Focusing on alerts that matter: From network events to meaningful incidents


Network issue resolution is increasingly high-stakes. Downtime can be critical even for short periods of time, and its destructive impact on company profits is only growing. It’s estimated that the costs of downtime have risen 32% over the past 7 years, with one minute of downtime costing approximately $9,000 for larger businesses across all industries, and reaching as high as $5 million for enterprises. 

Enterprise networks need to not just be always-available, but always at peak performance, with even temporary slowdowns causing immense problems for enterprise network users. Slowdowns are considered the silent productivity killer, since the fallout is almost impossible to measure, yet evident in the organization’s bottom line. 

However, networks today are more complex and extensive than ever before, so it takes time just to discover which part of the network is problematic and where the issue lies. This pressure means that network management teams can’t afford to ignore any alert, since it could be the first sign of an event that could bring down the network. 

Recommended reading: The Role of Predictive Analytics in Network Operations Management

Alerts Alone are Insufficient

Most network managers rely on alerts from various systems and sensors to draw their attention to issues within the network. Yet not every alert is genuinely urgent. Teams are easily swamped  as they struggle to investigate each alert from over-sensitive sensors, false alarms, and trivial transient blips, many of which don’t really matter. It’s not surprising that they are stressed and burning out, with heavy workload cited as the top cause of burnout for IT teams and 48% of tech workers reporting rising feelings of burnout, according to analyst firm Robert Half. 

A significant part of the problem is that alerts don’t contain sufficient specific information about the incident, so it can’t help identify or resolve the issue, or point network managers in the right direction. Because alerts could be consequential, but could also be irrelevant, teams have to follow up each one. This means a lot of exhausting, disheartening work gathering data and examining from different sources, only to find that most of that work was unnecessary. 

Network management teams desperately need ways to filter out irrelevant alerts and speed up root cause analysis, so they can resolve the issue and prevent or fix any degradation of network performance and availability in the shortest possible space of time. As the saying goes, “If everything is important, nothing is important.”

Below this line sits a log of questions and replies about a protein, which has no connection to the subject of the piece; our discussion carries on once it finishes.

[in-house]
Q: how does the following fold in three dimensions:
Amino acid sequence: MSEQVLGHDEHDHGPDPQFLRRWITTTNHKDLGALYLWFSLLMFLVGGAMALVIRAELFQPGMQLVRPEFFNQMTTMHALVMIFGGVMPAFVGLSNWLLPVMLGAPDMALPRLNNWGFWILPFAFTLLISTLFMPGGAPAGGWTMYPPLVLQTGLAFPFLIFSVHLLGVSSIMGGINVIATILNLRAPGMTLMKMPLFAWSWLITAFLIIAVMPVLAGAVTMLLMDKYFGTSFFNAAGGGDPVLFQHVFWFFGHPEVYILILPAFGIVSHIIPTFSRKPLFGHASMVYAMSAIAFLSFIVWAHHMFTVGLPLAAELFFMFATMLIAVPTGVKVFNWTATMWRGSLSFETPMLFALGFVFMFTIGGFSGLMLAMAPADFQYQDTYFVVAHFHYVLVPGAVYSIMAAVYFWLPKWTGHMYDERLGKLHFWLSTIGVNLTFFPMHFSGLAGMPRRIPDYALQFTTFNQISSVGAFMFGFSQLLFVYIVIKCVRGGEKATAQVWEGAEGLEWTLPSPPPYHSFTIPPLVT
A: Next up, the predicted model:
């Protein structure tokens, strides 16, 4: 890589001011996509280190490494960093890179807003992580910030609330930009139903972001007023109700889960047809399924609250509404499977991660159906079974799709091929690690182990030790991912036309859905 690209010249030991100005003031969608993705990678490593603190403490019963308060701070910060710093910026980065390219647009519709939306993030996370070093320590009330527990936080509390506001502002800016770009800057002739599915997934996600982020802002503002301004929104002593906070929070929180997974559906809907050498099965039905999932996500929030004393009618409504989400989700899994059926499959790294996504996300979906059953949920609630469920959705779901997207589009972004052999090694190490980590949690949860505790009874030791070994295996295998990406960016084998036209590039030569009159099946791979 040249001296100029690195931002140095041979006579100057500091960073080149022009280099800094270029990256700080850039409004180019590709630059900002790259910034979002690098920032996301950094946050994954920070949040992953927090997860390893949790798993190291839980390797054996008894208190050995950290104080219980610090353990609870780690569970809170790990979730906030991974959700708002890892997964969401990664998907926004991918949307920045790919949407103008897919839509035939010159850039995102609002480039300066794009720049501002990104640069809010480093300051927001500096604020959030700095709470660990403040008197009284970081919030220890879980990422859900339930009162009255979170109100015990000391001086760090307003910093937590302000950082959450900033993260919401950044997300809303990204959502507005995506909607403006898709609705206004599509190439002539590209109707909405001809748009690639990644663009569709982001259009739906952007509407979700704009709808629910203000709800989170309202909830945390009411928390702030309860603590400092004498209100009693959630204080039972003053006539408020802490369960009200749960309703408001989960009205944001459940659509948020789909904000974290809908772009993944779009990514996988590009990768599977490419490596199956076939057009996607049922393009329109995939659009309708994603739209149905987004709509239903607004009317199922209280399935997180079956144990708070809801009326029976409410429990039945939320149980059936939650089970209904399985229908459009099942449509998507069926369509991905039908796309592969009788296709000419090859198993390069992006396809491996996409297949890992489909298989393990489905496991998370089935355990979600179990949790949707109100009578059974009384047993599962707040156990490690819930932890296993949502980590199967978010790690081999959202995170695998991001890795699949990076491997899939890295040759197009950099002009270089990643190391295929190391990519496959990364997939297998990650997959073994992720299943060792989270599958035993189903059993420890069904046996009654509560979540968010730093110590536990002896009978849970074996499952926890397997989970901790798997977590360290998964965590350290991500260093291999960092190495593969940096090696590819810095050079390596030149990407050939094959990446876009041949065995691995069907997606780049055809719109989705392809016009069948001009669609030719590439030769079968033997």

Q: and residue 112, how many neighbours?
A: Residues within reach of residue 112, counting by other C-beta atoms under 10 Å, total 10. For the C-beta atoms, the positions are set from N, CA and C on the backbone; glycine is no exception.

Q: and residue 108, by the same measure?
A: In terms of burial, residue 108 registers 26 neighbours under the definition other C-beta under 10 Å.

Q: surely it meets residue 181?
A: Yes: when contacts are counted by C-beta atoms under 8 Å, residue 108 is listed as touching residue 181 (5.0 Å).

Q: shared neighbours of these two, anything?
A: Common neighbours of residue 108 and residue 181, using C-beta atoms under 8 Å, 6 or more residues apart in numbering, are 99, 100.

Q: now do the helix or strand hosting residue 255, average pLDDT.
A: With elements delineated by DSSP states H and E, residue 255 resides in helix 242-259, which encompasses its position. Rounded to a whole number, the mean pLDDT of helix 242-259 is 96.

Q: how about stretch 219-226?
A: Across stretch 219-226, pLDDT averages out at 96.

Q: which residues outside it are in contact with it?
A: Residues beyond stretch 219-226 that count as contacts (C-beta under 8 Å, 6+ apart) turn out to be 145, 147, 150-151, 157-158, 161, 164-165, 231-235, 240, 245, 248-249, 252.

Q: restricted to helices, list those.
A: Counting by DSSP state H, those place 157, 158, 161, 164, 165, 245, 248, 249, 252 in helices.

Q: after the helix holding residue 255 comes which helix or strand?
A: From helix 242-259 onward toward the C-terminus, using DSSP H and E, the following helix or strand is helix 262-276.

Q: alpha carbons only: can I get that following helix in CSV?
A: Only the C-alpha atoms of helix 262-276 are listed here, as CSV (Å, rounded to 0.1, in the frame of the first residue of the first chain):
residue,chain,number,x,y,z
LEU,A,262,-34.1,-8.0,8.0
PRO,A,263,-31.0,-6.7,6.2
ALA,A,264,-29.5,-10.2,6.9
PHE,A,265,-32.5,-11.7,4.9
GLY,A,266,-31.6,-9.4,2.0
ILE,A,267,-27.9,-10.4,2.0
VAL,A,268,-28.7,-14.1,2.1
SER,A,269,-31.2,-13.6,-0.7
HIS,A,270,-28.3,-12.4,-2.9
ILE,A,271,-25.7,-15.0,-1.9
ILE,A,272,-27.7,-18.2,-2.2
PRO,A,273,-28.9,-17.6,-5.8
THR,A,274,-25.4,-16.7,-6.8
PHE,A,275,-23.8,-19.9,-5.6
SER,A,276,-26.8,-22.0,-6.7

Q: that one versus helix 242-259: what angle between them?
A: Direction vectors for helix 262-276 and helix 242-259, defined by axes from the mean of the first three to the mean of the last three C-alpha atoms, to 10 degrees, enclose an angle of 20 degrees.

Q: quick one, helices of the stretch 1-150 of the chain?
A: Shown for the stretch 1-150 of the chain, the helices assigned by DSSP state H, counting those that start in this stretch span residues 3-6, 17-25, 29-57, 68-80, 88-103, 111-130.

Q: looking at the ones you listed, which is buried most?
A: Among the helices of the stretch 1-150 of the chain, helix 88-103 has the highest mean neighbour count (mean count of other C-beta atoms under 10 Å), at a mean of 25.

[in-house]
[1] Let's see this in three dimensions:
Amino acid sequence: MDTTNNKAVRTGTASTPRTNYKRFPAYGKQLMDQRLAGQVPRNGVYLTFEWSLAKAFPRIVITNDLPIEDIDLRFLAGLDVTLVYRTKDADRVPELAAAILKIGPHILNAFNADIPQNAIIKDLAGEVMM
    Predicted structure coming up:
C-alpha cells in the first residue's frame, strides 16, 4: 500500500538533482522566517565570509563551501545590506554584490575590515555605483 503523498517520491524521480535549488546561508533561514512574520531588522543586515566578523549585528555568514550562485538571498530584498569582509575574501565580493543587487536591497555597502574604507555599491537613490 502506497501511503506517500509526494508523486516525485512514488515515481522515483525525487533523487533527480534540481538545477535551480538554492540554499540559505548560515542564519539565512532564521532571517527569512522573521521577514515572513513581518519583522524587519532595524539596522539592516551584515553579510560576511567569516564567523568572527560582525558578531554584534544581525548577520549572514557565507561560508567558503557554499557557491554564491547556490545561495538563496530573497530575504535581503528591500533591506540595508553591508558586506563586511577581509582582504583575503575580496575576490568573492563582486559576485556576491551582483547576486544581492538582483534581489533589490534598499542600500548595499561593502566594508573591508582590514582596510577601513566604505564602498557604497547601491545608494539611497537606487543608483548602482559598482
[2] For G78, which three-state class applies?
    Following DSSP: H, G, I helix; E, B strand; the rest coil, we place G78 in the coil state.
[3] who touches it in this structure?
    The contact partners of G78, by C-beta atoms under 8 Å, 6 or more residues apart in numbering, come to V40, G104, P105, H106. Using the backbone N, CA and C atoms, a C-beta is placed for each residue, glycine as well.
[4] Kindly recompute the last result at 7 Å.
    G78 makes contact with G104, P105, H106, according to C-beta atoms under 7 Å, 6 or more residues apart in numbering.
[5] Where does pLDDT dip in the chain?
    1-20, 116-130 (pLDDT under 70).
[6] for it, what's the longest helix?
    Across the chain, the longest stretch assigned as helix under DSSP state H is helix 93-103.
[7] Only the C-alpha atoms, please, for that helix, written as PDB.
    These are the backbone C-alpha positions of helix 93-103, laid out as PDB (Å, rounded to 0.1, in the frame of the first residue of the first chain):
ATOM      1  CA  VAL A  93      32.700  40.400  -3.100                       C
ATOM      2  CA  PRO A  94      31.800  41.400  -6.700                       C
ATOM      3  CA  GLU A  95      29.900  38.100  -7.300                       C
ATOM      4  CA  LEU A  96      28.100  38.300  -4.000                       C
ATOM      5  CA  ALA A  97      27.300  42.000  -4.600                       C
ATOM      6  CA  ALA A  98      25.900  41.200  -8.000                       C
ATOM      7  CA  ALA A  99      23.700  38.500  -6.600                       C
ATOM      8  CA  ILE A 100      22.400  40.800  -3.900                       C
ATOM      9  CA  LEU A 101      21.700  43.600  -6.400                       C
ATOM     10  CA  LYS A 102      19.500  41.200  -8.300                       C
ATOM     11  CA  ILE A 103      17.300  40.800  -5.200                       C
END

The key to achieving this is a mindset shift from one that tries to look at all alerts individually, all the time, to one that looks for compound anomalies that can serve as a tool for achieving meaningful insights, and sets up systems to use them strategically.

Compound Anomalies Paint a Clearer Picture of Network Events

When network management teams group alerts together, it can help reveal which ones are more significant. Compound anomalies, by definition, affect more than just a single entity and have been picked up by more than one sensor. 

A cluster of low-medium alerts could indicate a more consequential issue and serve as a more accurate indication of serious attack than a single high-level alert. Relying too heavily on critical alerts could blind IT teams to slow-brewing yet serious issues. 

Simply responding only to clustered alerts can help save employees from the grunt work of sifting through logs for alerts that they know are likely to be irrelevant. This helps reduce the number of false alarms and noise that can lead to alert fatigue and lower the risks of burnout and stress. 

Meaningful Insights Take Issue Resolution to the Next Level

Alert clusters provide additional context that can assist with root cause analysis and investigations. It helps enable teams to gauge the impact this issue could have on users and the potential costs it could provoke, assisting them to prioritize it more effectively. 

Grouping alerts together also allows IT teams to derive meaningful insights about network performance and issues, which actively helps them achieve their goals more efficiently. With relevant and meaningful insights, it’s possible to significantly speed up root cause analysis, because you already have some indication of the likely cause. 

What’s more, meaningful insights into networks improve your ability to detect and understand network events. They can help reveal the true source of the issues, so you aren’t distracted by possibilities and probabilities, and save time testing out theories that turn out to be dead ends. 

NetOp Supports Improved Network alerts for Better Network Health 

NetOp uses artificial intelligence (AI) to gather and correlate related alerts into concise reports about compound anomalies that help direct teams to the true source of the issue. The AI engine can sift through data and discard that which is irrelevant or distracting far faster than any human employee, thereby relieving network management teams of the burden of checking every alert. NetOp also provides more context about alerts, turning them into meaningful insights that speed up root cause analysis and increase understanding of network events. 

With the help of NetOp, it’s possible to escape from the swamp of individual alerts and reach issue identification and resolution in far less time. By easing the pressure of thousands of minor alerts, NetOp can reduce stress and burnout among network management teams while also improving network availability and performance. 

Request a demo of NetOp today